19. ^ a b "Ziv-Aflibercept". FDA Drug Approvals Database. Food and Drug Administration. 3 August 2012. Retrieved 2013-10-16. 
  20. ^ Heather Timmons for the New York Times. 3 April 2004 Aventis Invites Novartis To Counter Sanofi's Bid
  21. ^ Heather Timmons for the New York Times. 27 April 2004 France Helped Broker the Aventis-Sanofi Deal
  22. ^ New York Times 24 April 2004 Aventis Plan Is Rejected
  23. ^ Kimberly S Cleaves and Ann M Thayer Warning, merge with care: Sanofi-Aventis Modern Drug Discovery, August 2004:21-26
  24. ^ Paul von Zielbauer for the New York Times. 4 September 2006 Iraqis Infected by H.I.V.-Tainted Blood Try New Tool: A Lawsuit
  25. ^ BMS Press Release. 8 December 2006 Preliminary Injunction Against Apotex Upheld on Appeal
  26. ^ Aaron Smith for 26 October 2006 Bristol CEO Dolan gets fired: Company says it heeded request of a federal monitor
  27. ^ Donald Zuhn for Patent Docs. 9 November 2011 Sanofi-Aventis v. Apotex Inc. (Fed. Cir. 2011)
  28. ^ Linda a. Johnson for Associated Press 8 February 2012 Apotex pays Bristol, Sanofi damages over Plavix
  29. ^ Carolina Bolado for Law360 14 March 2013. Bristol-Myers Escapes $3.4B Apotex Suit Over Plavix Deal
  30. ^ a b Ron Winslow for the Wall Street Journal. 10 Nov. 2009 Sanofi Expands Regeneron Deal
  31. ^ a b Genetic Engineering and Biotechnology News. 11 Nov 2009 Sanofi-Aventis Commits Over $2.8B to Regeneron in mAb Discovery Alliance
  32. ^ FierceBiotech. Sanofi-Aventis: A timeline of biopharma deals
  33. ^ Andy Tisman for IMS Health 2010 The Rising Tide of OTC in Europe
  34. ^ a b Reuters, 21 December 2009 Drug Maker Sanofi-Aventis Buys Chattem for $1.9 Billion
  35. ^ New York Times. 22 September 2008 Sanofi-Aventis to buy Czech generic drug maker
  36. ^ a b Leigh Kamping-Carder for Law360. 20 May 2010 Brazil Clears Sanofi's $635M Medley Pharma Buy
  37. ^ Gareth Macdonald for PharmaTechnologist, 15 April 2009 Sanofi beats Teva in Medley melee
  38. ^ "Sanofi snaps up India's Shantha for $784M". FierceBiotech.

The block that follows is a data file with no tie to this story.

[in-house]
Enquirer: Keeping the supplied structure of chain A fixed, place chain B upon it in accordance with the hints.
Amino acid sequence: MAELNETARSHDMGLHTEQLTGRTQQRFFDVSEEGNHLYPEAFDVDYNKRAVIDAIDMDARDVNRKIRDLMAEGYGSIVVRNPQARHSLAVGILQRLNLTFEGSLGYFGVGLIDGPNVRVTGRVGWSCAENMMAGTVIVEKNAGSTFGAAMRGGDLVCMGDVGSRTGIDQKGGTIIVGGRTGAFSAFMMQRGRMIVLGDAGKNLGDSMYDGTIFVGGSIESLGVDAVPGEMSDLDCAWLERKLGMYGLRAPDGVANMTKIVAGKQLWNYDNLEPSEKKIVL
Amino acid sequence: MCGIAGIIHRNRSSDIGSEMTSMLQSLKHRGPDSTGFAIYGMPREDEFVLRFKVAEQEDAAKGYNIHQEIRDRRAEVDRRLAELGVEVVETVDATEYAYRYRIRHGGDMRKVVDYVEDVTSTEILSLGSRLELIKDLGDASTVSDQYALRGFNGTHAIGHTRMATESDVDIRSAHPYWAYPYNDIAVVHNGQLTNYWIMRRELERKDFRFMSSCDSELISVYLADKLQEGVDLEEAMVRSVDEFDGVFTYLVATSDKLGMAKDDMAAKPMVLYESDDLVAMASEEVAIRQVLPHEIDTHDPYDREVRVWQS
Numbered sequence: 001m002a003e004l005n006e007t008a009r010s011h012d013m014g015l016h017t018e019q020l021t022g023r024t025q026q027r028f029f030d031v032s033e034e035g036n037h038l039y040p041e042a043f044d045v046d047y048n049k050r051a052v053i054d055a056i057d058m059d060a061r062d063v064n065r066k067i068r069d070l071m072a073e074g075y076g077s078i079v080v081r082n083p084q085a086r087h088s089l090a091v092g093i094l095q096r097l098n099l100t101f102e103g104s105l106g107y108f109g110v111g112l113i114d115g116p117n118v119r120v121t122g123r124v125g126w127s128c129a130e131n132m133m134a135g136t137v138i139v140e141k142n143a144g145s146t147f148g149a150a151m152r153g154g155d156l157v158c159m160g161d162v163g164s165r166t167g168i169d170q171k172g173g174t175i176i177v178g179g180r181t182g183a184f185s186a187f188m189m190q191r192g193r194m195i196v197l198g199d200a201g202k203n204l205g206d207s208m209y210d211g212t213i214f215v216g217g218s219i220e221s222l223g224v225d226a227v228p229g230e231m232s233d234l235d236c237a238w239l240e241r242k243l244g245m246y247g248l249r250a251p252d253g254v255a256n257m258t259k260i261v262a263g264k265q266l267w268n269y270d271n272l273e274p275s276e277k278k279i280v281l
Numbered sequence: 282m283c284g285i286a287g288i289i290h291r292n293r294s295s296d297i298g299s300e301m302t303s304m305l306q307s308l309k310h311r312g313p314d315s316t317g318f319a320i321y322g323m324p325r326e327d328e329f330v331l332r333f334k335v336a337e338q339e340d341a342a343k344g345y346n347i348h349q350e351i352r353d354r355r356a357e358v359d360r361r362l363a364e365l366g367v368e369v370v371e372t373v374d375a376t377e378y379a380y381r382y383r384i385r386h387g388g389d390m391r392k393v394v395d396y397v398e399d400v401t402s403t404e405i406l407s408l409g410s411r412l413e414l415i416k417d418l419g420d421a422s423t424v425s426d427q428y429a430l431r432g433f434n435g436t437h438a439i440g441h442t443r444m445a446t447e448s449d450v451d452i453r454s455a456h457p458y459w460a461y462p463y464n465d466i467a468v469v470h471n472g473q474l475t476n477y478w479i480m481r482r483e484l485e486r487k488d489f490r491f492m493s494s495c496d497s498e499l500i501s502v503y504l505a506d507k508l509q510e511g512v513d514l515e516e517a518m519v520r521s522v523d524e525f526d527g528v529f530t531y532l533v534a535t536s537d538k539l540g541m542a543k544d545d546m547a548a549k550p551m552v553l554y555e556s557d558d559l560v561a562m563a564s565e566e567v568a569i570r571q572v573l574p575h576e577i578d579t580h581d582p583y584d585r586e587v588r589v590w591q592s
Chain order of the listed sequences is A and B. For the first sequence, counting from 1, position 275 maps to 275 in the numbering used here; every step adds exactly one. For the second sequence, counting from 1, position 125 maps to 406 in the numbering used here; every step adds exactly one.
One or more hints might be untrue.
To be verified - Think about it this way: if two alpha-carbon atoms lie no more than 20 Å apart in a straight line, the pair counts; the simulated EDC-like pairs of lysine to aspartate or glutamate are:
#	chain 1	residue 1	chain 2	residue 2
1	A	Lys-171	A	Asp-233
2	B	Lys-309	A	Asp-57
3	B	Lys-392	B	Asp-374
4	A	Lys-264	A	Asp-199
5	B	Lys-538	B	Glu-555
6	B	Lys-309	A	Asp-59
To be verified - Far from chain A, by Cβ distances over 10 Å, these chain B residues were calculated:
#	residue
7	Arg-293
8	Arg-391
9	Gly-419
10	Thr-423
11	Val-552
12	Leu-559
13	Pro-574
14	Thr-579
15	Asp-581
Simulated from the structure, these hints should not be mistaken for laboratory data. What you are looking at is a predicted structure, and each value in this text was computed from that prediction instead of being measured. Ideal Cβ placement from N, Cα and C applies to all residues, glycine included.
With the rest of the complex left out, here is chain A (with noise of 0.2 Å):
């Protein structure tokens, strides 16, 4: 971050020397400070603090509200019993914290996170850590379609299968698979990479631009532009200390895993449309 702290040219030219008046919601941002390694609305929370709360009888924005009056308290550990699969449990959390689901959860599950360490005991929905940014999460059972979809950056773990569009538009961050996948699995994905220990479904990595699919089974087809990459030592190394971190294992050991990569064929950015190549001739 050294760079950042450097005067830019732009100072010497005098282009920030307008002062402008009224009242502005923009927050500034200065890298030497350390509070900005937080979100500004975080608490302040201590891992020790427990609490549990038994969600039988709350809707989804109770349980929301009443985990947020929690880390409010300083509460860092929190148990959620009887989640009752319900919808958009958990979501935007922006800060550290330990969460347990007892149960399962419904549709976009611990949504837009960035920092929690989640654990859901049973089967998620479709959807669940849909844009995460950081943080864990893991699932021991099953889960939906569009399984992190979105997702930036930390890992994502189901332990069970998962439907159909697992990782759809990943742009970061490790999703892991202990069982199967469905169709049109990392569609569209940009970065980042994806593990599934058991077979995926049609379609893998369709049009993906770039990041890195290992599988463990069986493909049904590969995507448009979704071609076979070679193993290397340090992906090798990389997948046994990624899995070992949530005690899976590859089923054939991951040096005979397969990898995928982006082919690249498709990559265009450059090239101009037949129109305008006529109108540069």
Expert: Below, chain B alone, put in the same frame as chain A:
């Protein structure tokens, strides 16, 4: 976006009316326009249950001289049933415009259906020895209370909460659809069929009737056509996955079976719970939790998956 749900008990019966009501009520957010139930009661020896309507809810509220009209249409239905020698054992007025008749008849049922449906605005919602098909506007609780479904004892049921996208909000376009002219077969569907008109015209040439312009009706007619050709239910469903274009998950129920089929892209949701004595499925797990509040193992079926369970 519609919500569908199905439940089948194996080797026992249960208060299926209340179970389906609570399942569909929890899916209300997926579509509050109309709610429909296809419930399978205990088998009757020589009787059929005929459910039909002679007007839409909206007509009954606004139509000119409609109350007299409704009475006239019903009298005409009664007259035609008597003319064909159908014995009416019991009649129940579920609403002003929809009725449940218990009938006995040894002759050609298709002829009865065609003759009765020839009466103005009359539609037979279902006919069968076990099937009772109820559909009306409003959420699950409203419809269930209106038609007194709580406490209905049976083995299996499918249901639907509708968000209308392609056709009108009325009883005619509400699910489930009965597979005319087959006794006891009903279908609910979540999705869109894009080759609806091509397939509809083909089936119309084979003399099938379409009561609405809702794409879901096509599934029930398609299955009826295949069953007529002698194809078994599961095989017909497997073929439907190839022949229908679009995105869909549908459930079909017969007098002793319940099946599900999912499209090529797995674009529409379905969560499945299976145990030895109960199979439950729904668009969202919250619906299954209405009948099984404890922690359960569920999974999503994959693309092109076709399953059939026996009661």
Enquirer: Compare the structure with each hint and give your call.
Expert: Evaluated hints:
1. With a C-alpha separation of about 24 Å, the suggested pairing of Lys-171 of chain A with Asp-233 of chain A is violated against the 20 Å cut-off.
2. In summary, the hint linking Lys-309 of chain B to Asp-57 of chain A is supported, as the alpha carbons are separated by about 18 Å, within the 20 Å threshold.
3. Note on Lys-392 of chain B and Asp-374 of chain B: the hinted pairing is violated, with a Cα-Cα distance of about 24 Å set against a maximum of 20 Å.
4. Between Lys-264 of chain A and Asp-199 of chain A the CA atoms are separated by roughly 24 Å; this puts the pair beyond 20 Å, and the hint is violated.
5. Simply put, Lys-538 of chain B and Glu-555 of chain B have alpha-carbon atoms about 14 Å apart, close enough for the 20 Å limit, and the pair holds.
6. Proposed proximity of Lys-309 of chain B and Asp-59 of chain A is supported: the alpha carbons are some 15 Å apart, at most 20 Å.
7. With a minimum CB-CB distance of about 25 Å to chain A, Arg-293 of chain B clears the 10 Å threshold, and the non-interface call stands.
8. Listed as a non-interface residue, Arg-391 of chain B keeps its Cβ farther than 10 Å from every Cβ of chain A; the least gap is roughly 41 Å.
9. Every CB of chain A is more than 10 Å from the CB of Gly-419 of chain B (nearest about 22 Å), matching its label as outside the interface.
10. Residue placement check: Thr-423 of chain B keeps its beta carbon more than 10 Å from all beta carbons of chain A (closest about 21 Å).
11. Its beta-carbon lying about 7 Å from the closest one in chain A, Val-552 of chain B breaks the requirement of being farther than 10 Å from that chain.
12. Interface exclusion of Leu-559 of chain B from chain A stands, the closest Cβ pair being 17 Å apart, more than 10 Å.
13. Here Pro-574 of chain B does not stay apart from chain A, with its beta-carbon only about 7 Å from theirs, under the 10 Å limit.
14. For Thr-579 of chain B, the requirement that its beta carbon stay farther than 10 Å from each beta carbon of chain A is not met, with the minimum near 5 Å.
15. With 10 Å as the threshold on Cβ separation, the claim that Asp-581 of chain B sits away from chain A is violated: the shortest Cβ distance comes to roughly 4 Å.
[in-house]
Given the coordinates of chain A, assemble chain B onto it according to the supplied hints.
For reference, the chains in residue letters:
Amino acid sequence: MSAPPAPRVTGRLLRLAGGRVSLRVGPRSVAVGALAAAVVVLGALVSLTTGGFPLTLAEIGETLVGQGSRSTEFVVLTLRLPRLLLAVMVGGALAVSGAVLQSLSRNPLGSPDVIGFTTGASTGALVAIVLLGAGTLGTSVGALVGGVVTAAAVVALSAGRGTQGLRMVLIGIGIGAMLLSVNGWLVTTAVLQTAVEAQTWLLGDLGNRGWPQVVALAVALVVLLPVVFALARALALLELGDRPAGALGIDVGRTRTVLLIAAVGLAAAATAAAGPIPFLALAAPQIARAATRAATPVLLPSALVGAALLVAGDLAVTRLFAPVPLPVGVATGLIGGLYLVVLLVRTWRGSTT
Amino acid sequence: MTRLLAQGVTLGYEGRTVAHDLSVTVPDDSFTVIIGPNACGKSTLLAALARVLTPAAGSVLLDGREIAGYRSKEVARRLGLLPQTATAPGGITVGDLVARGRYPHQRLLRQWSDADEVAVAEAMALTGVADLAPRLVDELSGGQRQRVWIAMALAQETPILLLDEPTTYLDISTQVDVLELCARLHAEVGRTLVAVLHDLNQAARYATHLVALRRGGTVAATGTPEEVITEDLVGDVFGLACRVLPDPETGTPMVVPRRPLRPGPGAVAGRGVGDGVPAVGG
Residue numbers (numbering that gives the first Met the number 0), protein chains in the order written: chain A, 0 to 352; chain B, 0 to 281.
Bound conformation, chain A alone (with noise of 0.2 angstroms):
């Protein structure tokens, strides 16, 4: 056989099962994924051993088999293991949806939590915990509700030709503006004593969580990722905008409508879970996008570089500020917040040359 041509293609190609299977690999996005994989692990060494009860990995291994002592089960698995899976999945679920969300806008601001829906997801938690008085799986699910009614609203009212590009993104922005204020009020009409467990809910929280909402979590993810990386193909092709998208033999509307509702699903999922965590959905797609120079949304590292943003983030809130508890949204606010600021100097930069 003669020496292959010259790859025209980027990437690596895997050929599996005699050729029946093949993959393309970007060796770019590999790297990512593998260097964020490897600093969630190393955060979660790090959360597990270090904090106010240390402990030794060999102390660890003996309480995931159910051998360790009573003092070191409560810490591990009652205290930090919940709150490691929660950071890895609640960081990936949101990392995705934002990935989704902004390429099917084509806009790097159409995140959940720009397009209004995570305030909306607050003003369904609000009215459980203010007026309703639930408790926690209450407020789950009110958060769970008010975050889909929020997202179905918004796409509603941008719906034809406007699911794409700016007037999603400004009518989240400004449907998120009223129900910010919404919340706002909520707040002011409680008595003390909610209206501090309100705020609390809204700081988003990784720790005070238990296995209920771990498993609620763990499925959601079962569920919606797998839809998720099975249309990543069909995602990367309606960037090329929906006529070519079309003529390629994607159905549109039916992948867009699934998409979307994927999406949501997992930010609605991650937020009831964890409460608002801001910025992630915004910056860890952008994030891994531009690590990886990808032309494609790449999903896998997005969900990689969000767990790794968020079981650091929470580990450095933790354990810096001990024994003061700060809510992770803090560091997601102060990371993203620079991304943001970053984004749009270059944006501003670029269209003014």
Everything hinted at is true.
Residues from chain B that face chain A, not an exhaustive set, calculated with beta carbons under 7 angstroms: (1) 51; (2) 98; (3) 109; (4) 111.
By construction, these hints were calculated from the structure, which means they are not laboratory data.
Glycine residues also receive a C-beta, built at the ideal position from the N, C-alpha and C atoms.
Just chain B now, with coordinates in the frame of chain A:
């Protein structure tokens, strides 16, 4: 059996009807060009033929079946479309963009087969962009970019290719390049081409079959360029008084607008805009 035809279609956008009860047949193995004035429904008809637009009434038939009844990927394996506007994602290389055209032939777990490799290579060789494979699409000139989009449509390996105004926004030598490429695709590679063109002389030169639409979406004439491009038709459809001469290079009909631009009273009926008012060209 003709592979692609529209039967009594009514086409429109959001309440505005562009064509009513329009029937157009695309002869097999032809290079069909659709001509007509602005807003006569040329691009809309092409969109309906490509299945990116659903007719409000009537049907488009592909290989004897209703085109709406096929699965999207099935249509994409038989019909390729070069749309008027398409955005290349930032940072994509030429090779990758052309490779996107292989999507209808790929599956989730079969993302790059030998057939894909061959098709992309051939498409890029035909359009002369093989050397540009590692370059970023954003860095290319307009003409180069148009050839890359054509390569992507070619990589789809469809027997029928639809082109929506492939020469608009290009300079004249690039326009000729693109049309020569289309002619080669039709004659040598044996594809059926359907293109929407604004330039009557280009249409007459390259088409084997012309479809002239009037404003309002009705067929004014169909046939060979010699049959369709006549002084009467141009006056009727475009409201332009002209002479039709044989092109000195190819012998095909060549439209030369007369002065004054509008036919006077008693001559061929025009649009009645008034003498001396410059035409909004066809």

39. ^ Phil Serafino for Bloomberg News. 28 October 2010 Sanofi-Aventis to Buy BMP Sunstone to Expand in China
  40. ^ Chris V. Nicholson for the New York Times' Dealbook. 16 February 2011 Sanofi Agrees to Buy Genzyme for $20.1 Billion
  41. ^ Thomas Gryta and Mimosa Specer for the Wall Street Journal. Updated 9 Oct. 2010 Sanofi Cuts Jobs, Counters Genzyme
  42. ^ Mennella, Noelle (6 May 2011). "Sanofi changes name, pace of acquisitions to slow".  
  43. ^ Arlene Weintraub for Xconomy. 10 January 2012 Warp Drive Bio Launches With $125M from Third Rock, Greylock, Sanofi
  44. ^ Alnylam, TTR Amyloidosis (FAP)
  45. ^ Chad Bray for the New York Times' Dealbook. 13 January 2014 Sanofi Unit to Buy $700 Million Stake in Rare Disease Company
  46. ^ Bloomberg News [2] 24 March 2014
  47. ^ , Natalie Huet and Noëlle Mennella, Reuters news agency, New York 29 October 2014French drugmaker Sanofi sacks CEO, shares drop.Retrieved: 6 July 2015.
  48. ^ , Sanofi corporate website, 19 February 2015Sanofi : Sanofi Appoints Olivier Brandicourt as Chief Executive Officer.Retrieved: 6 July 2015.
  49. ^ French Government Slams Sanofi Over Brandicourt Pay Package, The Wall Street Journal, 24 February 2015].Retrieved: 6 July 2015.
  50. ^
  51. ^
  52. ^
  53. ^ Katie Thomas for the New York Times. 1 February 2013 Brothers Develop New Device to Halt Allergy Attacks
  54. ^ "FDA approves new multiple sclerosis treatment Aubagio" (Press release). US FDA. Retrieved 2012-09-14. 
  55. ^
  56. ^
  57. ^ a b
  58. ^
  59. ^
  60. ^